The Stall


The stall of a wing is worthy of its own article, we have covered enough to dive into how and why a wing will stall, the important part to understand is the angle of attack, if you don't already know about it then read here first.

A stall is defined as a point where there is insufficient lift created by the wing to support the weight of the aircraft, a stall will almost always result in the nose of the aircraft pitching down and as a result altitude will be lost until the wing recovers sufficiently to support the weight of the aircraft thus returning to straight and level flight.

Remembering that there are four opposing forces at work on any object that fly's, anything. They are thrust and drag, lift and weight, these four forces are constantly trying to oppose each other, thrust needs to overcome drag for the aircraft to move forward, and lift needs to be greater than weight to be able to gain height. Time to tie this back to the stall, when all four forces are in equilibrium the aircraft can be seen as flying straight and level, that is, airspeed and altitude are constant, the aircraft is in cruise. In this state the airflow over the wing (assuming the aircraft is flying at the optimum speed etc.) is at its most efficient, the air itself is moving over the wing smoothly and cleanly.

Wing Stall

The boundary layer now becomes important, if we upset the equilibrium, let's say we reduce thrust but want to maintain the same altitude, as thrust is reduced the aircraft will slow down due to the drag holding it back, as the airflow slows over the wing so will the amount of lift. There is another way to increase lift, change the angle of attack, the angle between the chord line and the direction of airflow. As the angle increases the air will naturally speed up over the top of the wing therefore increasing the amount of lift, however there is a downside to this, as the angle increases the ability for the air to maintain its smooth path over the wing decreases, this is where the what is called the boundary layer separates.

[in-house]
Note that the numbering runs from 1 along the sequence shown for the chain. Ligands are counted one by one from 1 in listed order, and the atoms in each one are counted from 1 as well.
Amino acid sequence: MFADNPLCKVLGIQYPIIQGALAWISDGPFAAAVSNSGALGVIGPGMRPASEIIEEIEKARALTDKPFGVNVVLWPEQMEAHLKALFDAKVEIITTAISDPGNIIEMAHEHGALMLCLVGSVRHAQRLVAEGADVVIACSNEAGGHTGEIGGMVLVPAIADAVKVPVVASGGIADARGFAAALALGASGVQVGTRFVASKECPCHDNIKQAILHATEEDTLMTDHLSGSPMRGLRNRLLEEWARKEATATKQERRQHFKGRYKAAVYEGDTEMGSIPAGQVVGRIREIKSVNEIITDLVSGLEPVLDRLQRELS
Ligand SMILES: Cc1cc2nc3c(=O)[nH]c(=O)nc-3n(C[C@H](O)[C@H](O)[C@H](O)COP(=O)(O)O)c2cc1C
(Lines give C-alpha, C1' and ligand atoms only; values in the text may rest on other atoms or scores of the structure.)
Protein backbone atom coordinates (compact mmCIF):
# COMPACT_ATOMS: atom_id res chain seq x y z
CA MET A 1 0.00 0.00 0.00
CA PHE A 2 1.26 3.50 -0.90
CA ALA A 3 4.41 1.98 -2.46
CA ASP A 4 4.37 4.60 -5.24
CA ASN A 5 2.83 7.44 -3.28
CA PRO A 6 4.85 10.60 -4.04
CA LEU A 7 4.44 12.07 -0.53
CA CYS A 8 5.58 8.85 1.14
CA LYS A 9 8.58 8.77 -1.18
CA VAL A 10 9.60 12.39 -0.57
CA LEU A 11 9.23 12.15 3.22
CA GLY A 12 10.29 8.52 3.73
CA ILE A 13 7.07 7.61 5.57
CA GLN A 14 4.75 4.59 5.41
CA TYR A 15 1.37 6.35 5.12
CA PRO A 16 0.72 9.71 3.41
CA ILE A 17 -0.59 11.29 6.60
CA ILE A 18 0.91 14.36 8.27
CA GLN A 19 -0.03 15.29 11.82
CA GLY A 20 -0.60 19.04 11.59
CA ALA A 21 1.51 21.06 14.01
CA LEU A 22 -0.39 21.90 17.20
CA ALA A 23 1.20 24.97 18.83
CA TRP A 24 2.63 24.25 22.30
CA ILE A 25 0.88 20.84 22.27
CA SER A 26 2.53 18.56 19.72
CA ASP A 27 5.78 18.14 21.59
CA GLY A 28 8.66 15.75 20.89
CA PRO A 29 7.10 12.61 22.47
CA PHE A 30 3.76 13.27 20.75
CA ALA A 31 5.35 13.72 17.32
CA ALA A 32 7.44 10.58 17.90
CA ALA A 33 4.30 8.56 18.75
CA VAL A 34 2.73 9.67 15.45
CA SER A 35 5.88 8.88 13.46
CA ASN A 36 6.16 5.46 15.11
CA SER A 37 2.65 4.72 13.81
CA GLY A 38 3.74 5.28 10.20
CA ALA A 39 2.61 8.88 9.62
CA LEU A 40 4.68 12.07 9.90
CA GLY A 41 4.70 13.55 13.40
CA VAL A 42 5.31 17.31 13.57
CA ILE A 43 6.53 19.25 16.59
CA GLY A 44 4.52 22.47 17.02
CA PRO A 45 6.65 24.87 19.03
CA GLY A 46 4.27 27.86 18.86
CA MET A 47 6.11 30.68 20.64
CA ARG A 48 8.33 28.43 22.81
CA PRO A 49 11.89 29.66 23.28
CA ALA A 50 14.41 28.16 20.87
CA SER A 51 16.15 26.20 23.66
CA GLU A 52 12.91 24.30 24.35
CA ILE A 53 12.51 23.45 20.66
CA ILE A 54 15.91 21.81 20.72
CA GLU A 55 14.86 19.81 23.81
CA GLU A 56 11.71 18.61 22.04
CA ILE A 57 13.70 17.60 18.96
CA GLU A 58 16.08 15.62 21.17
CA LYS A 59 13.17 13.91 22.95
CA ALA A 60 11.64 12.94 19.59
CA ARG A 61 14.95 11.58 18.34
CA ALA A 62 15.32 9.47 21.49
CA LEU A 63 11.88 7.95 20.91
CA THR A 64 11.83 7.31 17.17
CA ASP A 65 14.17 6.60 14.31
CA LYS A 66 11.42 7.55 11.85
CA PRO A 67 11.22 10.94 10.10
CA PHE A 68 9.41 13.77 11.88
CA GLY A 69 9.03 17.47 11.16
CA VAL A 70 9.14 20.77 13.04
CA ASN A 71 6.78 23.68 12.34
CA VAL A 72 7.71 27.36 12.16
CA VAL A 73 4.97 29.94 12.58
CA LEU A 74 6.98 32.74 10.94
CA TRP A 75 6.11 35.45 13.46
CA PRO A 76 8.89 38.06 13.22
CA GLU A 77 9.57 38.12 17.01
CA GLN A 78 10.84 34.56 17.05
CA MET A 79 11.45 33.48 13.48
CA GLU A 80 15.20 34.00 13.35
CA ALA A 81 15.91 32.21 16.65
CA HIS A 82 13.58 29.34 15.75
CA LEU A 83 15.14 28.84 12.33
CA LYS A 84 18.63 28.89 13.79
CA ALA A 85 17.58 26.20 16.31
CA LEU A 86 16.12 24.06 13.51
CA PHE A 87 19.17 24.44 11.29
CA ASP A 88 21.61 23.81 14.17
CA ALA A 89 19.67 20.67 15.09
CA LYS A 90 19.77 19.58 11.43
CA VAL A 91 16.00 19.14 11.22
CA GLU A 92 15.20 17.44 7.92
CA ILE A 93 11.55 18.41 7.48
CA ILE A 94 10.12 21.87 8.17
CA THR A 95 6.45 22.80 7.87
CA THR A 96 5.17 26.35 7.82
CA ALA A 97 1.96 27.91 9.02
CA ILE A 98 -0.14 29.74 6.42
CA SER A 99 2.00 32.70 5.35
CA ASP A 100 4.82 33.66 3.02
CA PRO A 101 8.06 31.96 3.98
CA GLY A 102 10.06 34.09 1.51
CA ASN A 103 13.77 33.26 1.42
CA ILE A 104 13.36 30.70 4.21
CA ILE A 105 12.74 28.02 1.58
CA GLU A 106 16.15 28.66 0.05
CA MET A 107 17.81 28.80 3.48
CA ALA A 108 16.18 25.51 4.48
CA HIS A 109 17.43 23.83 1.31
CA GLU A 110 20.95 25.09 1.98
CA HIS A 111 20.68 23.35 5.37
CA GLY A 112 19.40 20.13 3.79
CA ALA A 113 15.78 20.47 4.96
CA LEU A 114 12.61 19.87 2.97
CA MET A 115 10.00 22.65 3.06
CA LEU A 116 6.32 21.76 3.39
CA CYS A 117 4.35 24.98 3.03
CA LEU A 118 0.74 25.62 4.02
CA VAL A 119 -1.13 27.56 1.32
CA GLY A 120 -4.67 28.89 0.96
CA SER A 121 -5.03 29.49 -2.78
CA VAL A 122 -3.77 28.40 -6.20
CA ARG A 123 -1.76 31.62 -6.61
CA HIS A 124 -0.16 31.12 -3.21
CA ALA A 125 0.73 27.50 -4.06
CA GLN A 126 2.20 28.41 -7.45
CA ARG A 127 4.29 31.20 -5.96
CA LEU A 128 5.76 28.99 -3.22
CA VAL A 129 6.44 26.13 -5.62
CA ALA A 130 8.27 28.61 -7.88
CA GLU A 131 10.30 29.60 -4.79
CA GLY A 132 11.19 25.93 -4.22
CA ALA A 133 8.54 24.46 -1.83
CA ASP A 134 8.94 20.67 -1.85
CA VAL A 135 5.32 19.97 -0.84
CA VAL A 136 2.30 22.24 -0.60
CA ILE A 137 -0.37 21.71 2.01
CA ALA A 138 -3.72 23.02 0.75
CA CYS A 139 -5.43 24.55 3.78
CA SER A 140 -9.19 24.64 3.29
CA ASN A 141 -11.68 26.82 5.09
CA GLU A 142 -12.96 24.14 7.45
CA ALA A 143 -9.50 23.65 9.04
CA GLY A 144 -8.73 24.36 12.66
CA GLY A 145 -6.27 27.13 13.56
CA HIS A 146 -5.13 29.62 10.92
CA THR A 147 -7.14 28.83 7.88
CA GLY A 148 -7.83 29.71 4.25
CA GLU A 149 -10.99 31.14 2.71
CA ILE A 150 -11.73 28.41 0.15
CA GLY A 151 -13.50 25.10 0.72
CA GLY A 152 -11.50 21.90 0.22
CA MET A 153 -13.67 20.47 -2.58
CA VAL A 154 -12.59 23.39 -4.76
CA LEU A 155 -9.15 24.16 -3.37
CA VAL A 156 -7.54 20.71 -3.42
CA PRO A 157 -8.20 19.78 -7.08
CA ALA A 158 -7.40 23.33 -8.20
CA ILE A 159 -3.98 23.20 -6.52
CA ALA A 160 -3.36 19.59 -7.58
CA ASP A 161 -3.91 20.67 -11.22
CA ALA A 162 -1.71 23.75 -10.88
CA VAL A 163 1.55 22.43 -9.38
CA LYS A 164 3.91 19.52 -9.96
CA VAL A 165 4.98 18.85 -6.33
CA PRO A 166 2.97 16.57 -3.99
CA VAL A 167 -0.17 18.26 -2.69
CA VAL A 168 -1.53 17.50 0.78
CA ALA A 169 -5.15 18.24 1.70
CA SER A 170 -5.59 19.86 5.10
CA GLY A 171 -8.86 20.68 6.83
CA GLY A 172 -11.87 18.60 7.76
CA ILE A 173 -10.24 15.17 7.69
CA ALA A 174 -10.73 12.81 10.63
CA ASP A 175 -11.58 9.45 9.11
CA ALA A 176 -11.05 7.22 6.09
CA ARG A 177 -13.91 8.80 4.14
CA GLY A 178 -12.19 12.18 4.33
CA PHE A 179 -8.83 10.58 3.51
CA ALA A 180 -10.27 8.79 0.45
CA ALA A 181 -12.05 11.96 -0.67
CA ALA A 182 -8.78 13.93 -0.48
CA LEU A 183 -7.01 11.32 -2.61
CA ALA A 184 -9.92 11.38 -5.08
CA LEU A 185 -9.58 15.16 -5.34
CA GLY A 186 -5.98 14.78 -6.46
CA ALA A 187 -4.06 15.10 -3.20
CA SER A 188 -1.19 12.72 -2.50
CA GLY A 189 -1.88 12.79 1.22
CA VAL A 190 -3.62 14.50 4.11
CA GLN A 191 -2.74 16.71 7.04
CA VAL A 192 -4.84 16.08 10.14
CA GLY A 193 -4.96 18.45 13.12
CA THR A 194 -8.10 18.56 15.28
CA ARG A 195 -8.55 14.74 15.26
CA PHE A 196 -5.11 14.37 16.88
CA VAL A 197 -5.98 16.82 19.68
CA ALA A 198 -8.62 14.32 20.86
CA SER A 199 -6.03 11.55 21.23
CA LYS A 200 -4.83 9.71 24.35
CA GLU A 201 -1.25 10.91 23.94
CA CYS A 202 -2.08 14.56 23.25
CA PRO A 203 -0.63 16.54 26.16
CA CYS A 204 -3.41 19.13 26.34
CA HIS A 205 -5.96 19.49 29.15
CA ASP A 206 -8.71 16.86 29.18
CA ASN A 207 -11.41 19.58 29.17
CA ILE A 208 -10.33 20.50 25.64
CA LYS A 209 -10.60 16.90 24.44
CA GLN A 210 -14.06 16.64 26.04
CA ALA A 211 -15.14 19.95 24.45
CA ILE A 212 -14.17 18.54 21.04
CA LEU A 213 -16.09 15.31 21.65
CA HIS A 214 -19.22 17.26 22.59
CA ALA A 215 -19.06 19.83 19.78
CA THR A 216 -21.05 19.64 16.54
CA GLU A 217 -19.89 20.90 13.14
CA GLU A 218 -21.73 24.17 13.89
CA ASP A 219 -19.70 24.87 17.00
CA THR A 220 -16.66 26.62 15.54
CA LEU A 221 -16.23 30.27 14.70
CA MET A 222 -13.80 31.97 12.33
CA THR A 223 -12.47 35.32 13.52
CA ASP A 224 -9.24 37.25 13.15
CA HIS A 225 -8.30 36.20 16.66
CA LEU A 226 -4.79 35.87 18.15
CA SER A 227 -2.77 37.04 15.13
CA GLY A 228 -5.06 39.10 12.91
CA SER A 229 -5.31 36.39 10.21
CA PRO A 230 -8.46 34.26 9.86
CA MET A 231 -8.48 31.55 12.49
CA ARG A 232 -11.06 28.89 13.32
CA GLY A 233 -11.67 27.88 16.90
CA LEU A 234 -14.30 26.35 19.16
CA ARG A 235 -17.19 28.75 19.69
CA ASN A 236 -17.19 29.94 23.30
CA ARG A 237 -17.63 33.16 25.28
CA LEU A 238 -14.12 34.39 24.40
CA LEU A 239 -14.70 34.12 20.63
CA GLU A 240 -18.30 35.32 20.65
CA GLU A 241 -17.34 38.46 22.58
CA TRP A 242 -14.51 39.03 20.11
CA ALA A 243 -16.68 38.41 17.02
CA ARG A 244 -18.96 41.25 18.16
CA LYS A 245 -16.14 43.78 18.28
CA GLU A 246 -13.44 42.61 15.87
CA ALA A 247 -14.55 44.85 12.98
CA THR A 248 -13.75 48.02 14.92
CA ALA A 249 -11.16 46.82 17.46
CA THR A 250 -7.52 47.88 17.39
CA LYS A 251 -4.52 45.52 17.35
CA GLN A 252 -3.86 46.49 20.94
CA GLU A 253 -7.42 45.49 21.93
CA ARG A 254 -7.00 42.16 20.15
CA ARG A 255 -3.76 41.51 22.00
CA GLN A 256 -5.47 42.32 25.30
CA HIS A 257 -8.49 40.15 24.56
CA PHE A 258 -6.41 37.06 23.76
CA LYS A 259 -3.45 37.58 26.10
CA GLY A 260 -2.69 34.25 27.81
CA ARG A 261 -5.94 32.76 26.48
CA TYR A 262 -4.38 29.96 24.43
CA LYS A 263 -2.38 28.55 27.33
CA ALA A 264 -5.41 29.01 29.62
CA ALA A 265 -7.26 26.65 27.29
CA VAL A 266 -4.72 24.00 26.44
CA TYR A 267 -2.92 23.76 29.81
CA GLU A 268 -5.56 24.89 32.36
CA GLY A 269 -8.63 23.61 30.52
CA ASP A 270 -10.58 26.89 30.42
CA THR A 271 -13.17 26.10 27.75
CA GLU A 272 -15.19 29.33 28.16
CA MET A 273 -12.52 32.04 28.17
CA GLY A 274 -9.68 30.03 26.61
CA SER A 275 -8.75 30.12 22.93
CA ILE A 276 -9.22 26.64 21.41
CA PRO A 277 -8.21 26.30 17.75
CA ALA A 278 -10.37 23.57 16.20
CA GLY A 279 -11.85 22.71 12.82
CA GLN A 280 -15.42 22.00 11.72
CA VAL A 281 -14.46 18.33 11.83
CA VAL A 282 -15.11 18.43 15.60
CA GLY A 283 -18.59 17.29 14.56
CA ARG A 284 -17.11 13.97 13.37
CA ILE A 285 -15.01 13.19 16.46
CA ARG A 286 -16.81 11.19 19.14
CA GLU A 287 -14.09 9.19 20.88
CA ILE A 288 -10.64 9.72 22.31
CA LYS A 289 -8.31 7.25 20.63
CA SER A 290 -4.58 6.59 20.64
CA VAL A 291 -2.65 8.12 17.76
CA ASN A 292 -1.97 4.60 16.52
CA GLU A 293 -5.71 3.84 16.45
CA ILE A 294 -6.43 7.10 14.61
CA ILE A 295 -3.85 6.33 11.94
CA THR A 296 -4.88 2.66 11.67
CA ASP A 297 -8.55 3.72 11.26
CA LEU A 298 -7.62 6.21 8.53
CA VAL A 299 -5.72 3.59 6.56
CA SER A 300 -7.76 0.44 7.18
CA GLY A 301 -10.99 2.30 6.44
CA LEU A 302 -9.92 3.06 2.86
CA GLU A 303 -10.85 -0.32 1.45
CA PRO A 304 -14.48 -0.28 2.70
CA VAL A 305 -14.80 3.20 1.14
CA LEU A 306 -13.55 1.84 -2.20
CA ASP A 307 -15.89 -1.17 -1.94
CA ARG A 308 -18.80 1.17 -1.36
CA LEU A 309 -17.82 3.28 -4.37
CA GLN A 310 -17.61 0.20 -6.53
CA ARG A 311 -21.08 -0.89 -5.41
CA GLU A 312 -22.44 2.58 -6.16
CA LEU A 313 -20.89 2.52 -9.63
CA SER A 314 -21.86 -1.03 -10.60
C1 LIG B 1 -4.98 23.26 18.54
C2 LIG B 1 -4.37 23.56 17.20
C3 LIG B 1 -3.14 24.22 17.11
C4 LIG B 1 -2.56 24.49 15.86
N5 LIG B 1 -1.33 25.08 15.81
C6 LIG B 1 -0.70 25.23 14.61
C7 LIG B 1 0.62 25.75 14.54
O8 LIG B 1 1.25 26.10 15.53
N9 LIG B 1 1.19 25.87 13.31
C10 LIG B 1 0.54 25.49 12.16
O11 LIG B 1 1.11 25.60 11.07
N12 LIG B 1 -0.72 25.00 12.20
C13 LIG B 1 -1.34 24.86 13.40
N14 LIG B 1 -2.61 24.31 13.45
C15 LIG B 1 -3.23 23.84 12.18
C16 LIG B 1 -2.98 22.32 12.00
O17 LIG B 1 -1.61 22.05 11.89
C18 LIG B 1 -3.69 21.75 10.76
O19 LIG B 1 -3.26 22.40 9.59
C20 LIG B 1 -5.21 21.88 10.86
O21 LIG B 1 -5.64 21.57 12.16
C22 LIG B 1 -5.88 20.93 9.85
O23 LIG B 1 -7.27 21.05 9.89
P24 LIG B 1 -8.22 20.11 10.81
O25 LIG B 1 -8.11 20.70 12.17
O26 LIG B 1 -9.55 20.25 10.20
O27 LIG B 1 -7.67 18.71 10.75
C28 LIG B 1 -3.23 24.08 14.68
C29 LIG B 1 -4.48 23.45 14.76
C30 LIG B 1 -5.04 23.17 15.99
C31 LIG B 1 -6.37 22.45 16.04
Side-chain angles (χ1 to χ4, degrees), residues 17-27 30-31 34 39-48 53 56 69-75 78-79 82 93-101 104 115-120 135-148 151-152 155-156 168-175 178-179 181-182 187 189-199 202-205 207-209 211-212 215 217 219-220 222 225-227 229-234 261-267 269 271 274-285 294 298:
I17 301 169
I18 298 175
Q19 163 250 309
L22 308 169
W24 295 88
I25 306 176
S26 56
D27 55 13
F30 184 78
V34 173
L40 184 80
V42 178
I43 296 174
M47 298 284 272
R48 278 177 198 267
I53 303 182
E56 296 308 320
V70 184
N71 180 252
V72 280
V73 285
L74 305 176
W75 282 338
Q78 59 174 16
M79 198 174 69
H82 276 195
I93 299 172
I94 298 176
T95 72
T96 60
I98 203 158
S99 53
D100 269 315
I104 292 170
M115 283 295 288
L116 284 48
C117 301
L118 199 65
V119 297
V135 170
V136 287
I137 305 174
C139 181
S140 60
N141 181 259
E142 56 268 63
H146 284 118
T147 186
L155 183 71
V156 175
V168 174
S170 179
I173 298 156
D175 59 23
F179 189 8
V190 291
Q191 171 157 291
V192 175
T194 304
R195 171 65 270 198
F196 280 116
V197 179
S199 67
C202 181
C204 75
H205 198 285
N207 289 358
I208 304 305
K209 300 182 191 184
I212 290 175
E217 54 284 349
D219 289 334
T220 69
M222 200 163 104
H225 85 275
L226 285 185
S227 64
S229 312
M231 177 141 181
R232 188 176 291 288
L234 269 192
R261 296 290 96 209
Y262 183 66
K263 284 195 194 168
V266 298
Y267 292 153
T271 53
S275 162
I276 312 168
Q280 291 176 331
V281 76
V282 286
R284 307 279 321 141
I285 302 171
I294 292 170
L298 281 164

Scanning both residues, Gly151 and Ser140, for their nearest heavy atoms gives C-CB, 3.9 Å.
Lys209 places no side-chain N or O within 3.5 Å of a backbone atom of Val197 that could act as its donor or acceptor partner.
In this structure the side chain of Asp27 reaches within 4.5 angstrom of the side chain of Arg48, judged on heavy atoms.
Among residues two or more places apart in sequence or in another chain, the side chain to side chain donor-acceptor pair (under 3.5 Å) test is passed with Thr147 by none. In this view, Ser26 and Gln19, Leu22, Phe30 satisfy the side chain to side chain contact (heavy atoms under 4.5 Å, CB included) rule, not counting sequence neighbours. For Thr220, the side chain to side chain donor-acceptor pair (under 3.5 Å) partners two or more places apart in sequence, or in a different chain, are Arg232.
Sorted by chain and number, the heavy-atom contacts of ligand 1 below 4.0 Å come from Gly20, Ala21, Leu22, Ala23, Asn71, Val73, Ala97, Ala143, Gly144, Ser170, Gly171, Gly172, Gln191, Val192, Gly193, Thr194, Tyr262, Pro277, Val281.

The boundary layer is the fine layer of air running along the surface of the wing, very close to the surface that is, as the angle of attack increases the boundary layer begins to separate, see the image above for three different angles of attack and the relevent airflow. As this happens drag increase due to the turbulence created, as the angle of attack increases even further the boundary layer separation point moves towards the leading edge, further increasing the drag and therefore lift is reduced. This happens to the point where the lift reduces and the aircraft's weight is no longer supported, the nose of the aircraft, which is now pointing high due to the high angle of attack (usually around 16 degrees) will suddenly drop, it is this point that the aircraft has stalled.

As the nose drops the airflow over the wings begins to restore, airspeed increases, the boundary layer is also restored, after losing some height the aircraft will return to equilibrium - straight and level flight. This is by no means an exhaustive coverage of the stall, there are so many other influences at work, however this article would have given you the basics, this article was deliberately written as a narrative, I believe there are plenty of purely technical descriptions out there, but a good flowing description of the stall process at work - hopefully has been delivered.